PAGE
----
After a refreshment stop in Puros, which way now? We have multiple choices to get to Sesfontein, our next fuel stop, but mainly 2: canyon, passes and Hoanib & Ganamub river beds or shorter gravel D3707 through a plain? We have heard of the first ones but nothing about Giribes Plain. And after the stunning view last night and a less then optimal night’s sleep really in the car, we feel ready for something different as nothing could possibly surpass the beauty of the area we left behind – the Ongongo hot springs sound very appealing and the plain road will allow us to get there today.
What a fantastic choice – although I have no doubt we would have felt the same way wherever we went in this region!! What a stunning, vast and wild plain – with not a soul around – just one car going in the opposite direction all morning!! The vastness of it didn’t allow us to take any photos to do it justice.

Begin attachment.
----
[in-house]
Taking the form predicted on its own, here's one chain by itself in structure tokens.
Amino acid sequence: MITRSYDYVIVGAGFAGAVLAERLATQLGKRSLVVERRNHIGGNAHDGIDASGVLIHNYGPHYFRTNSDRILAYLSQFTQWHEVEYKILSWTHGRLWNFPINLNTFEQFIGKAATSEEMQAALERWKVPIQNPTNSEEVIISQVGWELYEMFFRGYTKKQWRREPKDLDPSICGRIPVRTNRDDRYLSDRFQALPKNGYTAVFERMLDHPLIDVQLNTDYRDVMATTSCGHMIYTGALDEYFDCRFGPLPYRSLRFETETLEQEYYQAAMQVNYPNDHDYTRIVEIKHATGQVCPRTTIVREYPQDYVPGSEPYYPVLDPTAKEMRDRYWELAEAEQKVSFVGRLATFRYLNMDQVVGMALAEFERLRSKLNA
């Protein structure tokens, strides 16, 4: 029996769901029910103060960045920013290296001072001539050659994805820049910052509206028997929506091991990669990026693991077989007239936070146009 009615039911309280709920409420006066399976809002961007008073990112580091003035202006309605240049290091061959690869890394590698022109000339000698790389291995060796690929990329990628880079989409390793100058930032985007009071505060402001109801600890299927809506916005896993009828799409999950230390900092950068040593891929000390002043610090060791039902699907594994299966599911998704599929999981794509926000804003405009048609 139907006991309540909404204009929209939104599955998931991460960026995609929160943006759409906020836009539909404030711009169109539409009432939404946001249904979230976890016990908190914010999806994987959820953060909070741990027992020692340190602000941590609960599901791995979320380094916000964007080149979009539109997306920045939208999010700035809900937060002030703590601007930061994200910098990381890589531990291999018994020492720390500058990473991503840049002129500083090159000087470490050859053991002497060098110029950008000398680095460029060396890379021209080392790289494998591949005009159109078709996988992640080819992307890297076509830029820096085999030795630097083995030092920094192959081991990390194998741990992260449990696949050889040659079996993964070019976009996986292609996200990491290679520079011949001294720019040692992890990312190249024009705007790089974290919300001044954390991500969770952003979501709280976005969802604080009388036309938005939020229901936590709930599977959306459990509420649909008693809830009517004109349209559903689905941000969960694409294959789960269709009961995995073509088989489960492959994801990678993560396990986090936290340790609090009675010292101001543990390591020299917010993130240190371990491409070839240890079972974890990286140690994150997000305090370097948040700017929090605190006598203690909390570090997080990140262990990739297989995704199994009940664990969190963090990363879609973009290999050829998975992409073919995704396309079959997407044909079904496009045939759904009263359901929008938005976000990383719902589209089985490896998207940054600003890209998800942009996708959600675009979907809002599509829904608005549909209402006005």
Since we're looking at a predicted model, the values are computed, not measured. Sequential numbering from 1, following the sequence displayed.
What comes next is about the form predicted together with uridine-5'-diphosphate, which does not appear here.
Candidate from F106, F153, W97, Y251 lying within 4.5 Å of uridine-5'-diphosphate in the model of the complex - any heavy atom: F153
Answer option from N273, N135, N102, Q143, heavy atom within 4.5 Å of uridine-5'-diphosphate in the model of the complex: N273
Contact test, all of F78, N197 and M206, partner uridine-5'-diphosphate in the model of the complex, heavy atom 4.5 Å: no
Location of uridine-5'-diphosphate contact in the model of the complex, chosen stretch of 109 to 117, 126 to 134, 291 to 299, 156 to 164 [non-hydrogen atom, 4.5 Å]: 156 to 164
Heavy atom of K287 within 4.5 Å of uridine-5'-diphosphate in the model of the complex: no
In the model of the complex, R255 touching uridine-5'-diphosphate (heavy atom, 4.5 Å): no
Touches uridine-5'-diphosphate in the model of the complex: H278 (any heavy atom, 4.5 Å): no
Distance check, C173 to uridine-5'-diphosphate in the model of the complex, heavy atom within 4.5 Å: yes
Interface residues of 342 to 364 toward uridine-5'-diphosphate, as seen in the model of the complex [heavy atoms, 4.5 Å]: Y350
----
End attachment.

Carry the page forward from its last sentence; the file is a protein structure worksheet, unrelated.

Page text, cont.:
Our drive off the main road towards Ongongo Gorge and hot springs was disappointing with many kids along the way shouting and demanding money. It didn’t feel good. After a few kilometres, we decide to give up and turn back.
Where to next then? After a lunch stop on the side of the road, we decide the road is so good now, we could make it all the way to Palmwag (pronounced palamvagh). Ooh what spectacular scenery again as we approach Palmwag.